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Case Summary: Antrim Truck Centre Ltd v Ontario (Transportation), 2013 SCC 13 – Part I

Mar 26

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3/26/2013 10:26 AM  RssIcon

On March 7, 2013, the Supreme Court of Canada released its decision in Antrim Truck Centre Ltd v Ontario (Transportation), 2013 SCC 13, allowing the appeal and overturning the decision of the Ontario Court of Appeal.  Our case summary of the Ontario Court of Appeal decision was posted on October 15, 2012.  With the blog-medium in mind, this case summary will be broken into two parts in order to keep the articles to a reasonable length.

In the 2011 decision of Antrim Truck Centre Limited v Ontario (Transportation), 2011 ONCA 419, the Ontario Court of Appeal overturned the decision of the Ontario Divisional Court, which had upheld a decision of the Ontario Municipal Board to award the claimant (appellant at the Supreme Court of Canada), Antrim Truck Centre Limited, damages of $393,000 for injurious affection.

The facts of the case involve the rerouting of a highway near Ottawa, Ontario, around the claimant’s truck stop.  From 1978 to 2004, the appellant owned property on Highway 17, on which it operated a truck stop, restaurant, and gas bar.  Much of its business came from drivers travelling along the highway. 

In September of 2004, the respondent opened a new section of Highway 417 running parallel to Highway 17 near the appellant’s property.  The alteration to Highway 17 restricted access to the  appellant’s land in that Motorists travelling on the new highway did not have direct access to the appellant’s truck stop.  The appellant was effectively put out of business.  No land was taken by the respondent.

On appeal from the Ontario Court of Appeal to the Supreme Court of Canada, Justice Cromwell, writing for a unanimous court, noted at paragraph two that the main question on the appeal was how the court should decide whether an interference with the private use and enjoyment of land is unreasonable when it results from construction which serves an important public purpose.  Justice Cromwell said:

The answer, as I see it, is that the reasonableness of the interference must be determined by balancing the competing interests, as it is in all other cases of private nuisance.  The balance is appropriately struck by answering the question whether, in all the circumstances, the individual claimant has shouldered a greater share of the burden of construction than it would be reasonable to expect individuals to bear without compensation.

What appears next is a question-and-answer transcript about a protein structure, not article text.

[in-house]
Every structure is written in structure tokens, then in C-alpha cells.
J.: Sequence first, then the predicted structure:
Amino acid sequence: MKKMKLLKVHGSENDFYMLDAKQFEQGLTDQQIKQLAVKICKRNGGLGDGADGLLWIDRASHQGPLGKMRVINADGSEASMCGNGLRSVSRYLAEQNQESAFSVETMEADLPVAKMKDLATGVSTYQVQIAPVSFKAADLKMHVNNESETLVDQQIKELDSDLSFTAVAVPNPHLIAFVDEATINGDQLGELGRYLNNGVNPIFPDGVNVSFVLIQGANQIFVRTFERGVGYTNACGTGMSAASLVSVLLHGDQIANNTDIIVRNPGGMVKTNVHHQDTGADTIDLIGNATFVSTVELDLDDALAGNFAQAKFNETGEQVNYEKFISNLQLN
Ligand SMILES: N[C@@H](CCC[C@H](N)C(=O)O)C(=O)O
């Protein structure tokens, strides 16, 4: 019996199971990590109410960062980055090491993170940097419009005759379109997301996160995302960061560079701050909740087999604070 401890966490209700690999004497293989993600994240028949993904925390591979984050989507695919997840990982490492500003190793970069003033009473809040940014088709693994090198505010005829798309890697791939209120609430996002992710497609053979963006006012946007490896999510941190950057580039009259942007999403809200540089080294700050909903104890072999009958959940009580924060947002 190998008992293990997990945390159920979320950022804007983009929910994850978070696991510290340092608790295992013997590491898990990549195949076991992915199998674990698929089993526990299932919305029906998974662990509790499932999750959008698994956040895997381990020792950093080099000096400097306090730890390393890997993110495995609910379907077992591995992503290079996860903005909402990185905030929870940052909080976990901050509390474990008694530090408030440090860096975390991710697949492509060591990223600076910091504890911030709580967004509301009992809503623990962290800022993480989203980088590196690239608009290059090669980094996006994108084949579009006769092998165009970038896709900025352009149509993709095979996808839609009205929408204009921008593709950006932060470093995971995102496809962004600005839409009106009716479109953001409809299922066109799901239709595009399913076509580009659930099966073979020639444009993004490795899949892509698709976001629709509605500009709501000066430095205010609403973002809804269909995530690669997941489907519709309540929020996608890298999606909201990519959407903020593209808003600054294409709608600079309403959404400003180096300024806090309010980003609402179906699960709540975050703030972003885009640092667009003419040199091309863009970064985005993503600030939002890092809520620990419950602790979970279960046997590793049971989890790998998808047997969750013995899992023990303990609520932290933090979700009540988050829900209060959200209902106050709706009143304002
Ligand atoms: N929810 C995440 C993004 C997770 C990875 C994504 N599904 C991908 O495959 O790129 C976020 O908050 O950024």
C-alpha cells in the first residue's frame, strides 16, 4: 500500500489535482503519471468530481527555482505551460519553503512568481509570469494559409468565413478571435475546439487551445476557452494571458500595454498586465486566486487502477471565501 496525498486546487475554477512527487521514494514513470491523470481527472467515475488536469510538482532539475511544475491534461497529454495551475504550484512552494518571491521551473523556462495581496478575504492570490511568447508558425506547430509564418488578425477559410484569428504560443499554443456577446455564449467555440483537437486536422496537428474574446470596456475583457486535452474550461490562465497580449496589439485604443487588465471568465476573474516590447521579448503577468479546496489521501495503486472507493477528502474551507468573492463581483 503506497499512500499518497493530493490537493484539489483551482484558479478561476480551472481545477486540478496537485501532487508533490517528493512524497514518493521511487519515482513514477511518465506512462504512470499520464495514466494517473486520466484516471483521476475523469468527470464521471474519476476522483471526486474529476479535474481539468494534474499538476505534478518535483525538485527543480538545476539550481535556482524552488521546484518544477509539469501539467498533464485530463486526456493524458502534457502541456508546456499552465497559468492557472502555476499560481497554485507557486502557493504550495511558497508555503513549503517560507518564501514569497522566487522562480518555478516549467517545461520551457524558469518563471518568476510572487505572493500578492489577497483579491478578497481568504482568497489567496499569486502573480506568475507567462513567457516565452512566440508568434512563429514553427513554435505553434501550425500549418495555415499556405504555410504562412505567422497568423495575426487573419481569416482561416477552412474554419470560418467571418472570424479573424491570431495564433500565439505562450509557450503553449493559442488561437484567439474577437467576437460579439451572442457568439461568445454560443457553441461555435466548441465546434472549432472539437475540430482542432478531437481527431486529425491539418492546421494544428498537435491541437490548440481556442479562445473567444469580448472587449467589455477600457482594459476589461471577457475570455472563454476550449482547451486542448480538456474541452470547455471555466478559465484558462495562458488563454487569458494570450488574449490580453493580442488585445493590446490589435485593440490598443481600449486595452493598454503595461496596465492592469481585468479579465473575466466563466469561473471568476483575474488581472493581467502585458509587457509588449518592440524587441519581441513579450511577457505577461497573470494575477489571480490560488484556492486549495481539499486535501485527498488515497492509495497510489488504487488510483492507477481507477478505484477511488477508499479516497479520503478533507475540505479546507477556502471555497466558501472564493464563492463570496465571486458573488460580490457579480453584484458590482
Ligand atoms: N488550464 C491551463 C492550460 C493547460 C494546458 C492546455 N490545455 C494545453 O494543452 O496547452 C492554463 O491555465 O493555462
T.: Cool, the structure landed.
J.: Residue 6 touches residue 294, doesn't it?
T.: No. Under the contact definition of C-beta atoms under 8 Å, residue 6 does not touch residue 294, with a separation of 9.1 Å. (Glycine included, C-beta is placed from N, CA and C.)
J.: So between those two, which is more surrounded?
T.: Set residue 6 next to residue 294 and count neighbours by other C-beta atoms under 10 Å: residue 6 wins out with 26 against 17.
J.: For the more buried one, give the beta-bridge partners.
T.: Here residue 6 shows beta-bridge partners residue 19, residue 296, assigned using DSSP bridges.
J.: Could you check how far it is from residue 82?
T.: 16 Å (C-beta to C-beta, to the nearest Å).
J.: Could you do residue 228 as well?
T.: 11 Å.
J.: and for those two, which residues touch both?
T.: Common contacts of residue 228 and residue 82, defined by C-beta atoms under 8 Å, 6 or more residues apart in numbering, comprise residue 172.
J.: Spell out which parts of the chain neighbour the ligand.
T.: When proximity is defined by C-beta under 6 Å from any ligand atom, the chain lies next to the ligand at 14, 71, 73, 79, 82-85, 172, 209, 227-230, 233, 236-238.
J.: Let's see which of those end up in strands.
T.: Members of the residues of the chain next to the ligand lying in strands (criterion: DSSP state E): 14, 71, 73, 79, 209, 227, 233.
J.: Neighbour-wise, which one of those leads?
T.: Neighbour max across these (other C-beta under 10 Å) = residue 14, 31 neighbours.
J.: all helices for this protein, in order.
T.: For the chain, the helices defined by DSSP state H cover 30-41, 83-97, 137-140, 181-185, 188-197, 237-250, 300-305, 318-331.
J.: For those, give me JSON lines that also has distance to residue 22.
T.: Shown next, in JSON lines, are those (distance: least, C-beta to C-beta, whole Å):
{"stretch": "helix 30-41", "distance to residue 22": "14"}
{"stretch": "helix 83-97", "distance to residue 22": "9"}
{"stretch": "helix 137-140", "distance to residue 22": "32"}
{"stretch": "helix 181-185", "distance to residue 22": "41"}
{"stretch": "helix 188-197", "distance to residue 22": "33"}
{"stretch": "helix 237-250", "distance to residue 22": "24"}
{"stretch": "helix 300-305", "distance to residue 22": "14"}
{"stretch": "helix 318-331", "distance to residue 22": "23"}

The court noted at paragraph 4 that injurious affection occurs when a defendant’s activities interfere with a claimant’s use or enjoyment of land.  Such interference may occur where a portion of an owner’s land is expropriated with negative effects on the value of the remaining property.  Alternatively, it may arise where, although no land is expropriated, the lawful activities of a statutory authority on one piece of land interfere with the use or enjoyment of another property.

At paragraph 5, Justice Cromwell summarized the three statutory requirements for a claim for damages for injurious affection where no land is taken as the requirements of “statutory authority”, “actionability”, and “construction and not the use”.  This is elaborated upon in our blog entry on the Antrim Court of Appeal decision.

Beginning at paragraph 18, the Supreme Court of Canada looked at the elements of private nuisance, noting that the elements of a claim in private nuisance have often been expressed in terms of a two-part test:  to support a claim in private nuisance, the interference with the owner’s use or enjoyment of land must be both substantial and unreasonable.  The court said that a substantial interference with property is one that is non-trivial.  Where this threshold is met, the inquiry proceeds to the reasonableness analysis, which is concerned with whether the non-trivial interference was also unreasonable in all of the circumstances.

The court noted at paragraph 21 that retaining a substantial interference threshold underlines the important point that not every interference is an actionable nuisance.  At paragraph 22, the court noted that compensation will not be awarded for “trivial annoyances”:  “A substantial injury to the complainant’s property interest is one that amounts to more than a slight annoyance or trifling interference.”

The court noted at paragraph 23 that nuisance may take a variety of forms and may include not only actual physical damage to land but also interference with the health, comfort or convenience of the owner or occupier.  The categories of interference are open.

In our next article, we will continue the summary of Antrim, getting into the Supreme Court of Canada’s reasonableness analysis.

If you have questions or would like to discuss this topic further, please contact Jeremy P. Smith at Patterson Law at 1-888-897-2001.